That following Friday, I get an email from my agent that they had me on avail for that Monday and Tuesday, and asked me to sign an attached non-disclosure agreement. Avail is industry jargon that basically means they’re asking you to keep those days open, in case they book you for the job. Exciting, for sure, but people get put on avail and don’t get booked all the time. So, I wasn’t getting my hopes up.

Then I opened the attached NDA and noticed the header. Crystal Dynamics, a Square-Enix Company.

The gamer in me was losing my mind. The actor in me was calm as possible at that moment, reminding me that it was just an avail. But oh boy, did I really want it at that point. By then, though, it really was out of my hands. As with most things in this career, I put the possibilities of booking it out of my mind.  Set it and forget it.  I did my part.  If it comes, then it comes.

The next day, I had an improv gig at SIPA, a community center in Los Angeles’ Historic Pilipino Town. And, as I’m waiting in the green room with the rest of my troupe, I get an email from my agent.

I booked the job.  The character name: Jonah.  The project: Tomb Raider. WHAT? Attached: an 11-page shooting script for Monday and 75-page full cinematic script. At this point, both the gamer in me and the actor in me are screaming at the top of their lungs, going nuts, celebrating… but only inside because 1) I’m backstage at a show, and 2) I signed an NDA.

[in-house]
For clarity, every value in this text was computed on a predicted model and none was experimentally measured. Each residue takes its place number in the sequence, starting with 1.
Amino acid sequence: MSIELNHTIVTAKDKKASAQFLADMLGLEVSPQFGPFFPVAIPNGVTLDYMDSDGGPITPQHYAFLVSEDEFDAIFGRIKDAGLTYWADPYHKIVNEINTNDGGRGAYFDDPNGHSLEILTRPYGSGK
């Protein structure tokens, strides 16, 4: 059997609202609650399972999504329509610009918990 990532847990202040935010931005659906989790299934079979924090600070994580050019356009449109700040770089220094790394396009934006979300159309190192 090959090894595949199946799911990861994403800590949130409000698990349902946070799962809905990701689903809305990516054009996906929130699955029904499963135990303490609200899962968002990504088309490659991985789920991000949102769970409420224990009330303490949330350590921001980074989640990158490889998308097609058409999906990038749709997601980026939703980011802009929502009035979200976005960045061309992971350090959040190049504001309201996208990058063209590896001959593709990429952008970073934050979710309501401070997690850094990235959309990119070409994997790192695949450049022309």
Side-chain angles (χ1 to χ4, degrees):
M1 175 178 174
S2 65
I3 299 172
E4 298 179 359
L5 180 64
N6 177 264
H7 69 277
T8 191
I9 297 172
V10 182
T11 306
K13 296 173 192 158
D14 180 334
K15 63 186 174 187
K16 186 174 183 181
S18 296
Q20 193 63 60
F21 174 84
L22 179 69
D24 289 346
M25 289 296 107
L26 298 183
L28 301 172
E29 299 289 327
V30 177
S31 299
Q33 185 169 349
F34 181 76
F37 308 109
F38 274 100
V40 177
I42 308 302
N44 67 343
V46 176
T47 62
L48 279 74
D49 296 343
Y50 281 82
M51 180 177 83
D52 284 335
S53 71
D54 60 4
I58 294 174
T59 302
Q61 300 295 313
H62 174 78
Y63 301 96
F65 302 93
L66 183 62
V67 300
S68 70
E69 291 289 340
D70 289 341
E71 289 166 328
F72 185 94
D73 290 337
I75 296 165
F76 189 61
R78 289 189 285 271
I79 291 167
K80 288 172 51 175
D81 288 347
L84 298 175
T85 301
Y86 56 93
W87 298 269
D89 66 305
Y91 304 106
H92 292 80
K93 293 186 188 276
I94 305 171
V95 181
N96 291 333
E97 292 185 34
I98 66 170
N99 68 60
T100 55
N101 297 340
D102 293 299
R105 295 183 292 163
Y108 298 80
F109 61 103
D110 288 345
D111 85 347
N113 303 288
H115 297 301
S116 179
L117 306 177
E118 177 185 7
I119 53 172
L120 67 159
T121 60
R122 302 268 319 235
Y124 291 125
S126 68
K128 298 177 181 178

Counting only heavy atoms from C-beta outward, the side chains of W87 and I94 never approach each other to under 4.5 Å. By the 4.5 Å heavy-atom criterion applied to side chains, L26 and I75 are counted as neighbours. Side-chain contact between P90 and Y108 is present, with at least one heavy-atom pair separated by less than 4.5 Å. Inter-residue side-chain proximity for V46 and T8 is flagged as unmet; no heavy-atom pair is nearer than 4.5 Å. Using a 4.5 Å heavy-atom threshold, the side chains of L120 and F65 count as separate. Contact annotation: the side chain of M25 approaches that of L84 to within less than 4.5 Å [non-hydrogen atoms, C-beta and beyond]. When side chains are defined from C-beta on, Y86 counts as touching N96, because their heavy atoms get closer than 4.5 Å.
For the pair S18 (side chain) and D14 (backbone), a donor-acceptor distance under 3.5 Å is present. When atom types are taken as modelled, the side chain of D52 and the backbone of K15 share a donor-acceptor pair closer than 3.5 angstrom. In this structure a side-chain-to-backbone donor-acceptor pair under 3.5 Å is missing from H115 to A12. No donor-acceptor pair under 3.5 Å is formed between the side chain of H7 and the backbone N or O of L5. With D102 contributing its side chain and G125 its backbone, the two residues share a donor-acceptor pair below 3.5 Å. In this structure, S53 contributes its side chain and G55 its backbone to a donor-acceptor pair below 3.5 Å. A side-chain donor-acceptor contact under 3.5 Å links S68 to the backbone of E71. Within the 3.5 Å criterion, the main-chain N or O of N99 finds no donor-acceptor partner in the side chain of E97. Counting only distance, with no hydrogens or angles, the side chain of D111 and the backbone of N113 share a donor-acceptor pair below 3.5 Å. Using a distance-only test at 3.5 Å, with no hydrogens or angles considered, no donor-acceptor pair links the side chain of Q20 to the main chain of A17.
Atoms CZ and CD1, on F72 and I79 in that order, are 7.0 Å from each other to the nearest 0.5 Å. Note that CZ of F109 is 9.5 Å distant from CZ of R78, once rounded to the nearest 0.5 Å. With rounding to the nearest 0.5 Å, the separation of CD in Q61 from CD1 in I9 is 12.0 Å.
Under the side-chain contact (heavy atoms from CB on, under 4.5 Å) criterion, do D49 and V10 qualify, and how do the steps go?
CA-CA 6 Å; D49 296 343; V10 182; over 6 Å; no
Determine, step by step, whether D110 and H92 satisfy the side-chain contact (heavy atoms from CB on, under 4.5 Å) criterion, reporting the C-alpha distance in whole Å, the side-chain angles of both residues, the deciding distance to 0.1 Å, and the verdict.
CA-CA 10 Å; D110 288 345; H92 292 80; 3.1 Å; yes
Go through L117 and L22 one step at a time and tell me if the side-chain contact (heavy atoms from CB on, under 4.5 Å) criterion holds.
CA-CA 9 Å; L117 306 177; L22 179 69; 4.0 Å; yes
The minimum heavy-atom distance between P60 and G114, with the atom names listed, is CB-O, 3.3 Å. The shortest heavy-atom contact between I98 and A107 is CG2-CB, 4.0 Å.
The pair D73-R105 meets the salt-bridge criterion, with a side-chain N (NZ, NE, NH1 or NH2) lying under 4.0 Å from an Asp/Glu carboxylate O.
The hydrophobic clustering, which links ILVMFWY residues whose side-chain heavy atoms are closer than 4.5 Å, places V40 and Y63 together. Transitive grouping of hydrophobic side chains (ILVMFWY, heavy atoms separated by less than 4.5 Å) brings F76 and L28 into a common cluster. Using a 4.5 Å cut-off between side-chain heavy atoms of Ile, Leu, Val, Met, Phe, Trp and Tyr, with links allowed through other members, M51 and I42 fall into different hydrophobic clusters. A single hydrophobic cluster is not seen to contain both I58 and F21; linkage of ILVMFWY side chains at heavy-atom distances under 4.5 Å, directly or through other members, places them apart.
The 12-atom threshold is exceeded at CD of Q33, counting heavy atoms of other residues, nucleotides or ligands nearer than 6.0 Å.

That’s when it got real, though.  I had just been hired on my first big video game gig,  a AAA title reboot of a storied video game franchise that practically redefined the action adventure genre. Tomb Raider. 85% mind blown.

The following Monday, I make the early morning trek to Digital Domain in Playa del Rey. My GPS (which, by the way, is one of the most valuable pieces of technology an actor can buy) leads me to an unmarked, gated building. I  check in with the gate guard, park my car, and walk in the building. It’s quiet… uncomfortably so. There’s not a soul in sight. I see a heavy-looking door with the red recording light lit up. I decide to look for wardrobe, which is my fallback whenever I have no idea where I’m supposed to go on set. You can’t miss wardrobe, and they’ll always have a schedule or a walkie.

I walk up to a partially open door, and I’m met with a white room, lined with skin-tight, velcro, motion capture suits against one wall, and changing rooms along another. In the room is Damon, the man who helped me squeeze into my first motion capture suit. He hands me a wardrobe bag with my name on it, containing a black velcro suit, shoes, and undergarments. Damon explains how to put on the suit: which way it faces, how to deal with the secondary set of stretch pants sewn into the suit (kinda like those weird, meshy “underpants” sewn into swimming trunks – but knee length), and then leaves me with some parting advice: “It’s going to be snug.”